Through darkness to light : photographs along the underground railroad / a photographic essay by Jeanine Michna-Bales

ISBN 978-1-61689-565-5 (alk. paper) | ISBN 978-1-61689-609-6 (epub, mobi)

1. Underground Railroad—Pictorial works. 2. Underground Railroad. 3. Fugitive slaves—Travel—United States—History—Pictorial works 4. African Americans—History—19th century—Pictorial works. 5. Historic sites—United States—Pictorial works.

LCC E450 .M58 2017 | DDC 973.7/11500222—dc2

Contents

Foreword

ANDREW J. YOUNG

Introduction

JEANINE MICHNA-BALES

PART I

THE UNDERGROUND RAILROAD

Bound for Freedom:

The History of the Underground Railroad

FERGUS M. BORDEWICH

Let Freedom Ring:

The Underground Railroad Comes Alive

ERIC R. JACKSON

The Spirituals

ROBERT F. DARDEN

PART II

THE JOURNEY: A PHOTOGRAPHIC ESSAY

Notes on the Photographs

Epigraph Sources

Bibliography

Contributors

Acknowledgments

About the Author

Foreword

ANDREW J. YOUNG

Throughout my life and work I have been inspired by the stories and the legacy of the Underground Railroad. I remember, in particular, a phrase attributed to Harriet Tubman that I very much admire. When told of all the slaves she brought to freedom, she is said to have remarked, I could have freed a thousand more if only they knew they were slaves. I think of her words today when I see how many people fail to understand the extent to which they may still be enslaved. Not in the sense of the chain and the whip, but in the sense of the modern mechanisms that manipulate us into being consumers rather than people. In fact, Martin Luther King Jr. used to say, Going from a brown bag to a martini glass is not freedom. In his mind, that was one of the dangers of the black bourgeois—unwittingly becoming slaves of materialism.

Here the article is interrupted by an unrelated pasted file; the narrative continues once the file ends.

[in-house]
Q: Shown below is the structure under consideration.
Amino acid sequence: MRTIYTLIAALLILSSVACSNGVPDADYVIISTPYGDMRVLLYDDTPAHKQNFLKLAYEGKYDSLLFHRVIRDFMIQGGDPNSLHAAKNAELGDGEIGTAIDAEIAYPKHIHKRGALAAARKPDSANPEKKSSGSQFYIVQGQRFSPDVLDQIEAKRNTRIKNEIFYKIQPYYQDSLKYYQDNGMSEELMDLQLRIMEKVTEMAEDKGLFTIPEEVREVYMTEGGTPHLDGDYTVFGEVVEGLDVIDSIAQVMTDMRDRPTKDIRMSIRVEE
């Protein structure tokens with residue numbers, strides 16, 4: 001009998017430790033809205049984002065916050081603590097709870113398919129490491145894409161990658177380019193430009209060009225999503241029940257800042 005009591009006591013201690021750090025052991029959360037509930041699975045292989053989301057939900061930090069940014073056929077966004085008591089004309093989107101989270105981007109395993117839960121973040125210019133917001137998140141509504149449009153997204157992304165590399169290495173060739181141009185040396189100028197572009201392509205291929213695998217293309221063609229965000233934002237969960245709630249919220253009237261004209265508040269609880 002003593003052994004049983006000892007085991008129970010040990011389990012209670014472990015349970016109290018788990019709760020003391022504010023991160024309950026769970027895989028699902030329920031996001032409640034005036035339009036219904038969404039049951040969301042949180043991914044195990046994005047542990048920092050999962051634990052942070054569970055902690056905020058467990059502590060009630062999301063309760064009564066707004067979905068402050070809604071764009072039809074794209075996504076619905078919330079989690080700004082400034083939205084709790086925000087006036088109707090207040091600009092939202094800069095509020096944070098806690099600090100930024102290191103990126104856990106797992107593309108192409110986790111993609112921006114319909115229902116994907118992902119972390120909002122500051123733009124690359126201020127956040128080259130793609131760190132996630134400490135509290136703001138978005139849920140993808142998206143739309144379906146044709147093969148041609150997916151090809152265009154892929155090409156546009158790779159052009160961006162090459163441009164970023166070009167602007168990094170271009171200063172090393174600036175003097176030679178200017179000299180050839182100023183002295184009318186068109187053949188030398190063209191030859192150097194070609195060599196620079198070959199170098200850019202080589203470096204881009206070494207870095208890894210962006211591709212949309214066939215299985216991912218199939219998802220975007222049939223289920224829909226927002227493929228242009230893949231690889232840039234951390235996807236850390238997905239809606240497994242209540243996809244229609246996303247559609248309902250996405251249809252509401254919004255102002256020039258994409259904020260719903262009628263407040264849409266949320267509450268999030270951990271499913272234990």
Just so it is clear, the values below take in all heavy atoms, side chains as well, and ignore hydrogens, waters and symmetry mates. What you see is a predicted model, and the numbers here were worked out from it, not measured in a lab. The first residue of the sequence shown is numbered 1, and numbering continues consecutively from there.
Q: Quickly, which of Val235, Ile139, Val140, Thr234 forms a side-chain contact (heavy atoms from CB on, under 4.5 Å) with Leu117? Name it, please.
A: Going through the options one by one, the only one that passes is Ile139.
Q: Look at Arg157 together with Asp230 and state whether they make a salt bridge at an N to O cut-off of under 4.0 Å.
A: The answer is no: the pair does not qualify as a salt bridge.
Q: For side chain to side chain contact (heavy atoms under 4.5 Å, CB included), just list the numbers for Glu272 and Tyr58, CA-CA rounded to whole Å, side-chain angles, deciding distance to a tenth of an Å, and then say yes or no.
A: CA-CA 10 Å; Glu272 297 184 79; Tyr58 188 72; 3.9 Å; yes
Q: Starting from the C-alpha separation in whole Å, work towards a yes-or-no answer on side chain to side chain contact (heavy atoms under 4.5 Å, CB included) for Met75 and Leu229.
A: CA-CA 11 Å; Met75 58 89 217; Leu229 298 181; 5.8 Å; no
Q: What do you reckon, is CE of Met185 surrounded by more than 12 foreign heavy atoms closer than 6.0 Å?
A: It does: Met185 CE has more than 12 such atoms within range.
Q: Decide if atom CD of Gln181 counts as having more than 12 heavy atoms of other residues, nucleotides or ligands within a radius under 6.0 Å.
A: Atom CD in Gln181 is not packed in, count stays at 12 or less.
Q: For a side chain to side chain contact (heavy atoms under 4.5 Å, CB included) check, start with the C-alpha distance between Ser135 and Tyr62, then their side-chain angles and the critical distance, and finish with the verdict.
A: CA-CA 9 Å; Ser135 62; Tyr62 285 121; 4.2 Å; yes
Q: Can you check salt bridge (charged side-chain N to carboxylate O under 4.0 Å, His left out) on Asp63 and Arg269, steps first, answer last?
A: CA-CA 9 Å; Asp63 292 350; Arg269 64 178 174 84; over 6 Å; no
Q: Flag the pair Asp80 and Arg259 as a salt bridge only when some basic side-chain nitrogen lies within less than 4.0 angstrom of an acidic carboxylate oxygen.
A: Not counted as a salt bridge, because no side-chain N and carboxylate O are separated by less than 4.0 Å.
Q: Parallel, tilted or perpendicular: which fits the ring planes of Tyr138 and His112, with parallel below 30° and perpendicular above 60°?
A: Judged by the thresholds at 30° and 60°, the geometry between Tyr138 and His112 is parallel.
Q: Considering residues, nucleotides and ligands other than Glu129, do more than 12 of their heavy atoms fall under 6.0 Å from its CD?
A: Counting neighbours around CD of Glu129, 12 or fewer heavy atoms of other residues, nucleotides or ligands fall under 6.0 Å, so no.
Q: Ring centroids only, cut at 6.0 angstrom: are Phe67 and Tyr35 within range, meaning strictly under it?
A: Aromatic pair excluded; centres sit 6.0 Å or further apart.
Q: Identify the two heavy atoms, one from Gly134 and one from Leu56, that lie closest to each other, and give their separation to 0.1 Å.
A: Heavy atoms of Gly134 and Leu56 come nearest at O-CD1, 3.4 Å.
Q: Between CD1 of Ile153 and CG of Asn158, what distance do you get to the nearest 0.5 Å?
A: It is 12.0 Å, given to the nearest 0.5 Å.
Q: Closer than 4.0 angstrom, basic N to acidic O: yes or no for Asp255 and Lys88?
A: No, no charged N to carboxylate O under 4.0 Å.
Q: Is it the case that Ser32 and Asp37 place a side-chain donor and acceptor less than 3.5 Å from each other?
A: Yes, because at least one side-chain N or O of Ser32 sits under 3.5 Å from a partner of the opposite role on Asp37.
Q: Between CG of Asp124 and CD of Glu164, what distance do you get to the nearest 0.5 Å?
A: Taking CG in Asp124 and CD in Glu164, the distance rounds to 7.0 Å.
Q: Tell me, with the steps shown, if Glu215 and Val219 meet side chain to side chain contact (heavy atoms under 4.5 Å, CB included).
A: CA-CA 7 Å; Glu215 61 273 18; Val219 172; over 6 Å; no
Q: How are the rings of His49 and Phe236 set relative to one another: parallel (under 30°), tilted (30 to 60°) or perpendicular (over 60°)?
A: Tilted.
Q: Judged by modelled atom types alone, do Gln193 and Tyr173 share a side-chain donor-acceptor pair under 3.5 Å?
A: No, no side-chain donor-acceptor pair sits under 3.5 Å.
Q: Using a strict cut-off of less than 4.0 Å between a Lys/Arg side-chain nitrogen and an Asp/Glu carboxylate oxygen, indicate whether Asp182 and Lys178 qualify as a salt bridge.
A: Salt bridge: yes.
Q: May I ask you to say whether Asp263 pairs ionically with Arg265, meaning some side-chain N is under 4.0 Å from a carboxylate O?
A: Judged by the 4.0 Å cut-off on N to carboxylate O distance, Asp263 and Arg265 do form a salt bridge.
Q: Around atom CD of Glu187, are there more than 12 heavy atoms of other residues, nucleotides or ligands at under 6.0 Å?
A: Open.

The Underground Railroad has been described as the first civil rights movement in the United States because it blurred racial, gender, religious, and socioeconomic lines and united people in the common cause of ending the injustice of slavery. I agree, and would offer the Amistad Rebellion and the group of slaves that mutinied off the coast of Long Island as an example of a similar, and connected, campaign. They were jailed in New Haven and most spoke the same language, so they had the benefit of communication and developed a leadership structure. These leaders, with the help of alumni of Yale University, persuaded former president John Quincy Adams to come out of retirement and successfully argue their case for freedom. More than half of them returned to Freetown, Sierra Leone, while a few remained, including a young woman, Sarah Margru Kinson, who would attend Oberlin College. In my opinion this was the start of the anti-slavery movement in the United States, and it was initiated by white people who recognized in black people a humanity that before they had not been willing to see or that they had not had the chance to see. In this same manner, the Underground Railroad serves